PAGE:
“While three inches added to or taken away from your old fellow might dramatically change your life, on a fly rod it’s not such a big deal.”
So said my late friend Andrew Brzoz, owner of The Australian Fly Fisherman shop, many, many years back when I asked for his advice while trying to choose between a couple of different three-weights that were identical in casting talents, but separated by three inches in length.
Sound advice or a quick one-liner? Either way, it’s a question that’s crossed my mind recently after thinking I needed a new four-weight for bigger local streams and flicking dry flies on the Mitta Mitta River over summer. I also have a trip to New Zealand in mind for Autumn 2017, where I’m thinking a four-weight would make the perfect light rod partner to my usual pair of fast fives.
I had a sniff of the Radians over the off-season thanks to Darren at Untamed Tackle who let me park test the 9’ 5-weight and 7’6 3-weight with a few different lines and both left lasting impressions that the Radian series was indeed something special.
There are three models in four-weight; eight-and-a-half-foot, nine-foot and the big ten-footer that’s no doubt designed for float tubes and big-water nymphing. With Andrew’s advice in mind, and given that my favourite five-weight is a nine-footer, I chose the eight-and-a-half as a good balance between fact, fiction and compensation.
Test-casting in the front yard, it’s the same instantly agreeable balance between feel and power that I remember from the three- and five-weights, with great tip control and smooth recovery.
Every line I tried, from the very supple and silky Scientific Anglers WF#4 XPS to the stiffer and more punchy RIO Perception, seemed to fit the blank perfectly.
Out on the Little Snowy Creek—a small river by Australian standards—the rod, matched with the WF#4 Perception line, was simply amazing and any cast from virtually right in front, to nearly the full line, was dispatched with little thought and minimal fuss.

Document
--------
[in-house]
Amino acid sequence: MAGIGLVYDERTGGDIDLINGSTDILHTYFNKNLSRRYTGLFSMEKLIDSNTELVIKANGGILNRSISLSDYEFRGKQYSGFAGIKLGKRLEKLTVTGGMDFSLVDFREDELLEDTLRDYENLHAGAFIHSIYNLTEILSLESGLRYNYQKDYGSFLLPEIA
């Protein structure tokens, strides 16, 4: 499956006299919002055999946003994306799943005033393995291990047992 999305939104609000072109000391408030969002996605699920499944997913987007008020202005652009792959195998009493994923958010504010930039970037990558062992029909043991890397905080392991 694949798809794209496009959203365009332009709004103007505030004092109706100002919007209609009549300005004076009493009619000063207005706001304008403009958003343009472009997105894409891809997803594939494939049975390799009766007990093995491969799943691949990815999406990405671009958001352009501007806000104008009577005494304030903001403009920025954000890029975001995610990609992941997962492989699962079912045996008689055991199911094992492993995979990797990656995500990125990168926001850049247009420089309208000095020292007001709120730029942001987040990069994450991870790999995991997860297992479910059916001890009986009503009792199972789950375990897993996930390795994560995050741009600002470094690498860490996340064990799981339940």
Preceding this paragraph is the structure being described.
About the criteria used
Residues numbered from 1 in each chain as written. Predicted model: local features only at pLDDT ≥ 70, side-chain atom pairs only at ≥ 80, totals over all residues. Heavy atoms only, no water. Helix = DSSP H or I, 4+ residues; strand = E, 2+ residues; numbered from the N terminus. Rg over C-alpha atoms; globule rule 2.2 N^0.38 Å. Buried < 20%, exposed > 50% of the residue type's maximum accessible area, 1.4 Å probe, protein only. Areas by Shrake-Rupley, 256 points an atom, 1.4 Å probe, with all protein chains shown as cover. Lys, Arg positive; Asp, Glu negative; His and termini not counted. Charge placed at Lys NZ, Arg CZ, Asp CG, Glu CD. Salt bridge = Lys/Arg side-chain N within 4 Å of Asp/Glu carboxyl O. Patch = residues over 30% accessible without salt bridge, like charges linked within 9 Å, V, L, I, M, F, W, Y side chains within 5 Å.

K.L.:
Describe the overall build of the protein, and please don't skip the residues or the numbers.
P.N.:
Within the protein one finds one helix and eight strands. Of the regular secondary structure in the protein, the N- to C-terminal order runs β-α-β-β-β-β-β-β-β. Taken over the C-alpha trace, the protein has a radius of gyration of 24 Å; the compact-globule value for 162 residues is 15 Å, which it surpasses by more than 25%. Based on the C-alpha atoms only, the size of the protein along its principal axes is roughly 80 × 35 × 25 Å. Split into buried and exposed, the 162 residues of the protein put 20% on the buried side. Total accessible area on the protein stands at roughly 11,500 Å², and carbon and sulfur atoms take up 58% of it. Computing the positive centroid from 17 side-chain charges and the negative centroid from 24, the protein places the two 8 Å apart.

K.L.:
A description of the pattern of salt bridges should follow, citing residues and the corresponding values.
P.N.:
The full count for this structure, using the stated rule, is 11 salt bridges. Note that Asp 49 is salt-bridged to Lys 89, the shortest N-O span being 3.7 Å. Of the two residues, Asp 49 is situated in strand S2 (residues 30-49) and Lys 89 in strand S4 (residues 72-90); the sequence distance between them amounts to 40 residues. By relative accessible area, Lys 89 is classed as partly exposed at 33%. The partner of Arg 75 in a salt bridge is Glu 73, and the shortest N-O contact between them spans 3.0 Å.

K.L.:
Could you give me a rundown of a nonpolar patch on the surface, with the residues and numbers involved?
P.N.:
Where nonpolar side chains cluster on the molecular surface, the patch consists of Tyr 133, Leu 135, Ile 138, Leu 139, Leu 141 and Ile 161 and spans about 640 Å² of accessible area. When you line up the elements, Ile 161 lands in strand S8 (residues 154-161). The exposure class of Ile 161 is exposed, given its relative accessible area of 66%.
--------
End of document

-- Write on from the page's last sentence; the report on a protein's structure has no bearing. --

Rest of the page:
Accuracy, probably the main benefit of the shorter eight-and-a-half length, and one of the Radian’s main talents, is off the charts and I would say, even after the first day I had the rod out, that there would be few, if any other rod and line combinations I’ve owned in four- or five-weight that can match it on the water. Roll casting is in a whole new league compared to most light rods.
On the much bigger Mitta Mitta River, I did my usual trip up my favourite section with a bushy dry fly and then tied on tungsten-bead Woolly Bugger in size eight and turned around for some down-and-across action on the way back.
With the dry, the rod was right at home and with the exception of mends at the end of long casts that required a little more thought, everything about the shorter four-weight felt good compared to the nine and ten foot five-weights I normally fish here.
Surprisingly, the bigger and heavier Woolly Bugger was no real issue, though I doubt the eight-and-a-half four-weight will ever become anyone’s favoured streamer rod. Yes, it will do it, but it’s still a four-weight.
For a second option I handed the rod to guide Jim Jackman for a recent day on Wheelers Creek –
“The radian feels crisp in the hand and yet has the sensitivity of a brain surgeon. Pick up and lay down was effortless and 40 ft roll casts almost childs play. Scott have a winner here.”
Getting the rod back was no small feat either.
To quote Scott: “We dramatically increased recovery speed with our new ReAct technology. By minimising energy-sapping vibrations, ReAct creates fast-action, high line-speed rods with all the nuance and feel of a presentation rod.”
Whatever they want to call it, Scott have definitely set a new and very lofty benchmark for intuitive casting where feel, accuracy and flat-out grunt sit well together in a mid-weight trout rod.
In terms of build quality, the Radian is every bit as good as you might expect from Scott, who have, in my opinion, always made beautiful fly rods. Starting from the back, there’s a black anodised Reel seat with a very sexy little bit of box elder burl timber and intricately machined up-locking hardware. The grip, an exaggerated full Wells, at first felt a little large even with my big hands, but after a few casts started to feel right at home particularly when applying pressure at my thumb for driving longer lines. Next, the wraps: black over mid-grey with an orange detail at the ferrules and dark grey over Snake Brand titanium-framed SiC stripping guides sit well on the lightly sanded dark grey blank and give the rod an overall classy, yet unpretentious feel. The handwritten script logo, serial number and twelve-inch marker are nice touches as well.
Price? Yes, a bit ouch at around $1200 in Australia ($795 US), but surely that’s to be expected for anything that so successfully delivers on all it’s promises?